MARCO ISLAND — Bougainvilleas, beach sunflowers, rain lilies and birds of paradise have a chance to stand front and center in the City of Marco Island’s 2012 landscape awards.
A project of the Beautification Advisory Committee, “Marco in Bloom” has opened nominations for the best landscapes in five categories: single-family residence, multi-family dwellings or condominiums, non-residential commercial, cul-de-sac medians (adopted and maintained by residents), and institutional properties.
“Nominations can be made by individuals owning properties or by those who pass by and admire a location’s landscaping,” said Linda Colombo, coordinator of the 2012 contest. Colombo was an early recipient of the landscape award before her appointment to the committee.
Entries need to include three to 10 non-returnable photographs of the property from public viewing areas such as streets or sidewalks. Entries also need a 100 words or less explanation of why the nominated property deserves recognition.
“The BAC began developing the landscape award criteria in 2007 with the first awards recognized in 2008,” said Barbara Murphy, beautification committee chairwoman. “Marco in Bloom landscape awards spawned from an idea of developing a hanging basket project for Collier Boulevard along with the shopping centers.”
A pilot project was established but did not proceed when committee members learned baskets were too labor intensive, Murphy said. But out of the idea came the name “Marco in Bloom” and later the idea of holding a landscaping competition.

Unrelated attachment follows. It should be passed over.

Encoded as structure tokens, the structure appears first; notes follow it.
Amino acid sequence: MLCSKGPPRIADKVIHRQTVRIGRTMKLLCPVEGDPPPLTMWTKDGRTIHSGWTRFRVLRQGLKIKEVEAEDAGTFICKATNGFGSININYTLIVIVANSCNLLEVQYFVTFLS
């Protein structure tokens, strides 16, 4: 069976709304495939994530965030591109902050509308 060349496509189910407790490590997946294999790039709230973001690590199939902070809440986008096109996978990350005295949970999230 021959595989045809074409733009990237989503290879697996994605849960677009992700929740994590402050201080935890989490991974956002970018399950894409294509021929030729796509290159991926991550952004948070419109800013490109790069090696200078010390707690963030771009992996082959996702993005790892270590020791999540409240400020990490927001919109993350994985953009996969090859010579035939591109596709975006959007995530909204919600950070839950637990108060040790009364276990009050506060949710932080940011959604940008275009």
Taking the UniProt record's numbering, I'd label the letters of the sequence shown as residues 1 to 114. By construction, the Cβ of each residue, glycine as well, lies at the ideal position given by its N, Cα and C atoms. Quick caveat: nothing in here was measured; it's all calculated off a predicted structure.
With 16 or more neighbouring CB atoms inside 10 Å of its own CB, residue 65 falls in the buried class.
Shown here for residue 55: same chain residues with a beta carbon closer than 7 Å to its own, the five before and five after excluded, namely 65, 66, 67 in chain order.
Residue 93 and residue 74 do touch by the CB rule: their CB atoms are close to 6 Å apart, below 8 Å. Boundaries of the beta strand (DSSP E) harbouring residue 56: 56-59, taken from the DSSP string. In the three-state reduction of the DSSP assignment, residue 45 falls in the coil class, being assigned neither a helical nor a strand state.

Judging will be based on criteria including landscaper’s use of native materials that require less water, visual colors and contrasts in planted areas, creativity of design and public visibility.
“The committee’s intent in establishing the landscape awards was simply to recognize neighbors using water-wise landscaping practices in a beautiful and creative manner,” Murphy said. “We feel this hard work of our neighbors is a very worthy accomplishment to recognize.”
The committee has fostered awareness of better growing practices through education. An example of Florida-friendly landscaping was planted beside the left sidewalk traveling from City Hall to the Police Station. The planting uses native materials requiring less water, fertilizers and herbicides.
Last year’s “Marco in Bloom” winners included Somerset Condominium, Tommie Barfield Elementary, the cul-de-sac median on South Seas Court, and the home of Jim and Sandi Johnson at 281 N. Barfield Drive. No nominations were received for commercial property last year, Murphy said.
The committee will be holding a Community Day event from 10 a.m. to 12 p.m. on Tuesday, March 13, in Rose History Auditorium of the Marco Island Historical Society. Discussions will include Florida-friendly gardening.
“ ‘Marco in Bloom’ brochures will be available at Community Days,” said Dianna Dohm, beautification committee member and coordinator of the community event. “Also, committee members will be there who can answer any questions people might have.”
Brochures for “Marco in Bloom” are available at Mackle Park, Colombo said. Deadline for nominations is March 23. The committee will judge entries and announce winners at 5:30 p.m. on Monday, April 12, as part of city council’s regularly scheduled meeting in the Community Room, 51 Bald Eagle Drive.
“Gardeners should have fun with this,” Colombo said. “It’s a way they can show off their hard work.”